LIVING WITH EBOLA: update 3 from Sierra Leone

My nurse friend in Sierra Leone has just sent this, covering October up to date:  as I said before, she wishes to remain anonymous.  By the way, £1 sterling is equivalent to 7000 Sierra Leonean Le.   (Apologies for the varying sizes and styles of type – I’ve had a lot of trouble posting this one and it’s been back for endless edits).

“1 OCTOBER: Met Mabinty (1 month old) and her Auntie who claimed to be 19 years but looked about 12 years. Mabinty’s parents died of Ebola.  Both tested negative for Ebola so were discharged from the Holding Centre (HC) on the day we met. The District Nutritionist … asked me to help Mabinty since her Aunt was not lactating.  I bought formula milk, feeding bottles, thermos, packets drinking water, and other baby paraphernalia to tide them over until official support came through the NGOs or Ministry of Social Welfare. The Auntie was given training on how to prepare feeds. She did not want to return to her home village  (where 700 people are quarantined) so opted to go to relatives in Rogbon (which has not had any cases of Ebola). They were well received, no stigma, the baby was passed round several women – she was beautiful and obviously well cared for before the loss of her parents, nice clothes, good size for a month and BCG immunisation scar. The house was cement, one of the best in the village.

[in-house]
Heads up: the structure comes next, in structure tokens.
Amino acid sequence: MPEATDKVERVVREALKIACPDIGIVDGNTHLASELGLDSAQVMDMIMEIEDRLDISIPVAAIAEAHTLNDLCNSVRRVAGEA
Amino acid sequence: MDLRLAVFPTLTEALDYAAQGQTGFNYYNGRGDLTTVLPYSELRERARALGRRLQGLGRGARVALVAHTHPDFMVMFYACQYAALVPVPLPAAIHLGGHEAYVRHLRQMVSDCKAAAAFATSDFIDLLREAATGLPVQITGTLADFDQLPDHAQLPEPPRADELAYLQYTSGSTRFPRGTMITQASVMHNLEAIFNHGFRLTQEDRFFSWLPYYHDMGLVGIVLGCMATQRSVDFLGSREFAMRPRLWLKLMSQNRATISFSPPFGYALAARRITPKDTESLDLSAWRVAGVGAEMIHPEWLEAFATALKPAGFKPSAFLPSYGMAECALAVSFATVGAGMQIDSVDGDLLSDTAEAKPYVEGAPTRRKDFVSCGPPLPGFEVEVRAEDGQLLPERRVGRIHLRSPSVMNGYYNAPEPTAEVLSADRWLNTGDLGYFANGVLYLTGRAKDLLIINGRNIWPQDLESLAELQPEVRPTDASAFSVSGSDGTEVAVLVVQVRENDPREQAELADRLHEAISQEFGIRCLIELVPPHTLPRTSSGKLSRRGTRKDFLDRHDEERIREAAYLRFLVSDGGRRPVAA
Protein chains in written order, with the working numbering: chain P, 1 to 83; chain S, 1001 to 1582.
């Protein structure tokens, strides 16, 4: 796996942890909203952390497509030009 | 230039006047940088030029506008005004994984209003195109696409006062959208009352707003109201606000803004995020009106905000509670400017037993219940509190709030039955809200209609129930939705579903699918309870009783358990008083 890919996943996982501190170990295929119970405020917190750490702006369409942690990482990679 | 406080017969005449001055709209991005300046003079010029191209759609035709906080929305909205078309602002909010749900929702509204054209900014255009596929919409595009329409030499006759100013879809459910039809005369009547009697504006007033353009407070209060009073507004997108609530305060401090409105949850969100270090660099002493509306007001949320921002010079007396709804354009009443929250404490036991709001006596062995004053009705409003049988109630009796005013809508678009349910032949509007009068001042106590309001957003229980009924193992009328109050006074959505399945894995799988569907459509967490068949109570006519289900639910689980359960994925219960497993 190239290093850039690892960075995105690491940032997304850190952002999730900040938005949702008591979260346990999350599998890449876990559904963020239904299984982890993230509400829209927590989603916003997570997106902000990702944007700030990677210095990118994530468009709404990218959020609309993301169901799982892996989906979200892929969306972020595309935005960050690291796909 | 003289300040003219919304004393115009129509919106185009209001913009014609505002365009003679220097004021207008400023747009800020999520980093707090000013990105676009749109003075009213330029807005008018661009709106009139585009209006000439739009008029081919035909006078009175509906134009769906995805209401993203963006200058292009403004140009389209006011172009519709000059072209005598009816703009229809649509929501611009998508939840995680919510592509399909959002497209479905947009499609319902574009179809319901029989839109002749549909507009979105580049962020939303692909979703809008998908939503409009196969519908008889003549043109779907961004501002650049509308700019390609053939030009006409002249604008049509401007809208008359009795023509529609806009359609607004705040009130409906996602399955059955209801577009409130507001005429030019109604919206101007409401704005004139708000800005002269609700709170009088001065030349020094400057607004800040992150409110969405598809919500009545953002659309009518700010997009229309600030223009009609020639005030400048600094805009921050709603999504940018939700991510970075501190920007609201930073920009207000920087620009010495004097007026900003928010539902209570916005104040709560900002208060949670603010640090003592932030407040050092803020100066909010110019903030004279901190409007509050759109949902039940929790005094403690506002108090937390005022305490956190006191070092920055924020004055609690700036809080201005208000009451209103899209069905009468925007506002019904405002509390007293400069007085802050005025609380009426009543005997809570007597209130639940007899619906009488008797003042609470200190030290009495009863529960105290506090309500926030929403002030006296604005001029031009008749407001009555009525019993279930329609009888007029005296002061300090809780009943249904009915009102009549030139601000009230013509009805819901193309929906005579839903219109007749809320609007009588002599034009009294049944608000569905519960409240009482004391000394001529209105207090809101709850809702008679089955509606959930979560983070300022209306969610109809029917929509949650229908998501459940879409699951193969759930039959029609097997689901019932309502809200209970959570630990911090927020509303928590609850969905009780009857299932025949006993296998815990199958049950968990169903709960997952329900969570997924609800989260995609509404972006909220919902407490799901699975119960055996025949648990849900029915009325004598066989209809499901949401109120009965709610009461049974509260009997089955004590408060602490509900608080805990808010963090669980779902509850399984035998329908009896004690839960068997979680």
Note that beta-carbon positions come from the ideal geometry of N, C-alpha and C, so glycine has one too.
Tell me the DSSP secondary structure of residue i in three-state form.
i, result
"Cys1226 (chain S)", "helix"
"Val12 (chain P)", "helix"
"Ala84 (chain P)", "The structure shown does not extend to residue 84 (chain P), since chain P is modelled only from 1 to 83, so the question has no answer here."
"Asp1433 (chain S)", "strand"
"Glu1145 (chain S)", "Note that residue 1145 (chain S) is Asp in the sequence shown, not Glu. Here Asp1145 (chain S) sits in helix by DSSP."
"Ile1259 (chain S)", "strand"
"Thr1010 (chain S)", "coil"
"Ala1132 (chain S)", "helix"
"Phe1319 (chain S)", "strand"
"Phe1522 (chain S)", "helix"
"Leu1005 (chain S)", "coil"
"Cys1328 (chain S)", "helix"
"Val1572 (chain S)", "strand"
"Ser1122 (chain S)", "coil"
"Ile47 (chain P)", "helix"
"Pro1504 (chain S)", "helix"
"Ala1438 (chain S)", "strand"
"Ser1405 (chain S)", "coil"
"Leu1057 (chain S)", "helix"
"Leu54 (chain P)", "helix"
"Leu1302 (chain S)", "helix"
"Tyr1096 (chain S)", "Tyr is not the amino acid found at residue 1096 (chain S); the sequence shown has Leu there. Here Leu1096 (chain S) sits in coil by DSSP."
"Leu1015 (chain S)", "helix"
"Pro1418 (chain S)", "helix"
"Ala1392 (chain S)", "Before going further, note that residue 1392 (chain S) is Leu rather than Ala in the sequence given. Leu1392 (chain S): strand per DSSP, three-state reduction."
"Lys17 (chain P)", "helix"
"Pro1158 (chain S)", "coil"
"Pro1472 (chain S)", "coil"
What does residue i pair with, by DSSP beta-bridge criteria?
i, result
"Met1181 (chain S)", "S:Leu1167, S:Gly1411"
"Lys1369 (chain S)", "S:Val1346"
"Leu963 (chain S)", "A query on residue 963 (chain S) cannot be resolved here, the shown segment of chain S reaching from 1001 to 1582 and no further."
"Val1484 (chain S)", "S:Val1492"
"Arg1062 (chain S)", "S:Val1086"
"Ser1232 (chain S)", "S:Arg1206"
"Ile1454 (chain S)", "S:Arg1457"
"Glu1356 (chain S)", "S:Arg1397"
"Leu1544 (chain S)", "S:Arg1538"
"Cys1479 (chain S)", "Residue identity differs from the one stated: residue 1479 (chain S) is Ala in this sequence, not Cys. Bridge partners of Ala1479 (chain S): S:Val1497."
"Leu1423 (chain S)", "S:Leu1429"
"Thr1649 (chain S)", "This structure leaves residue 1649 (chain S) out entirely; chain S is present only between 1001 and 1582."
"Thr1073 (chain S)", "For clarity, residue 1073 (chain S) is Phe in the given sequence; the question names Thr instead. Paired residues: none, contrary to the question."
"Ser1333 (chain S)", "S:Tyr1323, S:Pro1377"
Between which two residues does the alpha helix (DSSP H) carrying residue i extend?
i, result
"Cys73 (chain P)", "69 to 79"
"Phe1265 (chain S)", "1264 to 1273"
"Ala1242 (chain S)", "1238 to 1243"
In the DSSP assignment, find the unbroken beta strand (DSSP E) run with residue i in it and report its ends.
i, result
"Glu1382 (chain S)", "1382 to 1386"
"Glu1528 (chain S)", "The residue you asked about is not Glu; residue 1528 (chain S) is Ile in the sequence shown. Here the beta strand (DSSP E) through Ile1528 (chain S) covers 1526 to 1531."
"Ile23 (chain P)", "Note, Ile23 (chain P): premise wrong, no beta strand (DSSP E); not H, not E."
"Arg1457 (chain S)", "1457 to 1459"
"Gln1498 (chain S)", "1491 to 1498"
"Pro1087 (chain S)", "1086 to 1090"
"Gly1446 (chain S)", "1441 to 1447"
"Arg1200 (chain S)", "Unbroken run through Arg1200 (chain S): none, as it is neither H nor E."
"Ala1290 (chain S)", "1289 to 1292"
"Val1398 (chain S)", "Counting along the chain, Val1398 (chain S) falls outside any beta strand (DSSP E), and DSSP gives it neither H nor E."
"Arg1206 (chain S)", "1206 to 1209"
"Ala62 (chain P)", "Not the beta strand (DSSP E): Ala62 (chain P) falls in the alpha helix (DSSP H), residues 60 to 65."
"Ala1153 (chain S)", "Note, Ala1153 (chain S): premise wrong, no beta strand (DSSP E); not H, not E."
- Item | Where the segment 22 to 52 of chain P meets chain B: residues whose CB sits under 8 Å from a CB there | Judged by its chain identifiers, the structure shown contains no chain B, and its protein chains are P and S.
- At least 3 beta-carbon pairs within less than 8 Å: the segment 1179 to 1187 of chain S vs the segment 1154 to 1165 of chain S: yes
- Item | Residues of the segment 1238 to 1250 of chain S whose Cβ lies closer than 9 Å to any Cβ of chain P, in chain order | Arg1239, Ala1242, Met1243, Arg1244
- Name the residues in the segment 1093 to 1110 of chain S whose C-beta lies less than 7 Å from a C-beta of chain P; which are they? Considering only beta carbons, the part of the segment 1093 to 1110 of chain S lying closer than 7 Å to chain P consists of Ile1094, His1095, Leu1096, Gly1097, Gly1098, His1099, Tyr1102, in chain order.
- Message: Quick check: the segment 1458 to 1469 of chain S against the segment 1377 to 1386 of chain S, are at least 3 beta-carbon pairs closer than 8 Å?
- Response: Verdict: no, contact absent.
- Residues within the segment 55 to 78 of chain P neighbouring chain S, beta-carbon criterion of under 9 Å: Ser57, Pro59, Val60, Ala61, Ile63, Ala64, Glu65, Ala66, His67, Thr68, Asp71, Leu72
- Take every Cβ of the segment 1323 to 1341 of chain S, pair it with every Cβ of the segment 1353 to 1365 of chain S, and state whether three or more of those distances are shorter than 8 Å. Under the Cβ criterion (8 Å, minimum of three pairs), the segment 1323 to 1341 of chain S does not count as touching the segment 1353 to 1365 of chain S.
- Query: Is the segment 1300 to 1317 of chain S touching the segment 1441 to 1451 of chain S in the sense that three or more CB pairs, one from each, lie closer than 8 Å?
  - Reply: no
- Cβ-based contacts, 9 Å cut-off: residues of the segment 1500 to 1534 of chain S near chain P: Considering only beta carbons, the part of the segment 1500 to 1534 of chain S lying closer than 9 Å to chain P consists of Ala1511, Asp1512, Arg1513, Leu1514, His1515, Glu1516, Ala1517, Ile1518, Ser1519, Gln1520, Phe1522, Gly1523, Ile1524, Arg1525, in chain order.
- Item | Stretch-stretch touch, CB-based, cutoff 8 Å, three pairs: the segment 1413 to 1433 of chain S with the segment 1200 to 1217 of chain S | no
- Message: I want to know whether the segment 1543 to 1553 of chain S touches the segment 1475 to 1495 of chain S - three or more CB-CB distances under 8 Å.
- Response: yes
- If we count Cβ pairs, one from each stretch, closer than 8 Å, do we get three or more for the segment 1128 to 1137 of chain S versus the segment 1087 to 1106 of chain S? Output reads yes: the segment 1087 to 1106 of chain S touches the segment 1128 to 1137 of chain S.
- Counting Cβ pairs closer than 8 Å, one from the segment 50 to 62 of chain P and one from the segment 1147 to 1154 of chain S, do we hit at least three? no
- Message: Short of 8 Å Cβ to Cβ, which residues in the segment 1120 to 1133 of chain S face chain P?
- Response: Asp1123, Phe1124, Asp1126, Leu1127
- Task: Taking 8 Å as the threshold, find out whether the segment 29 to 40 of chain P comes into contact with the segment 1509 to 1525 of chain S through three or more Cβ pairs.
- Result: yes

What happened next is unclear – on the morning of 3rd October the Auntie reported the baby was ill and was advised to take her to the hospital or back to the HC. She did not and, heartbreakingly, Mabinty died that evening. The burial team took post-mortem oral swabs for Ebola but I’ve not been able to trace the result.

2nd October: Repeat of workshop “Ebola and Teenagers: What Can Be Done” for a second group of around 25 young people. During this week, the U-Team (University of Makeni Ebola sensitisation team) visited churches and mosques to set up appointments to raise Ebola awareness among their peers using video clips and question and answer sessions…  This evening, the U-Team will brief me on where they are going, when and collect the 2nd tranche of their funding.  

3rd October: Forced to supply another week’s worth of drinking water to HCs (she gives the reason) …. Since a Bank Holiday weekend was looming … I bought 200 bundles at a discounted price of Le 750,000 (slightly over £100). Met the Catholic Fathers and briefed them on the quantities needed.

7th October: (interminable Min of Social Welfare weekly meeting) Procured sanitary pads for HCs … only discovered at the weekend that there was no provision and given the role of body fluids in virus transmission, washing out cloths is not desirable. Not everybody in the HCs are that sick and some test negative for Ebola.

9th October:  Transported Abu Bakarr (about 9 years) back to his Dad after he was returned cured of Ebola from the Treatment Centre in Kenema. The child had been solemn and withdrawn throughout the afternoon but burst out laughing when he saw his Dad (who had run out from his bath covered in soap when he heard the commotion of the child’s return). Transport for Ebola activities is another constraint… Catholic Mission provides most of the fuel these days but out-of-office-hours, I still sometimes have to buy it.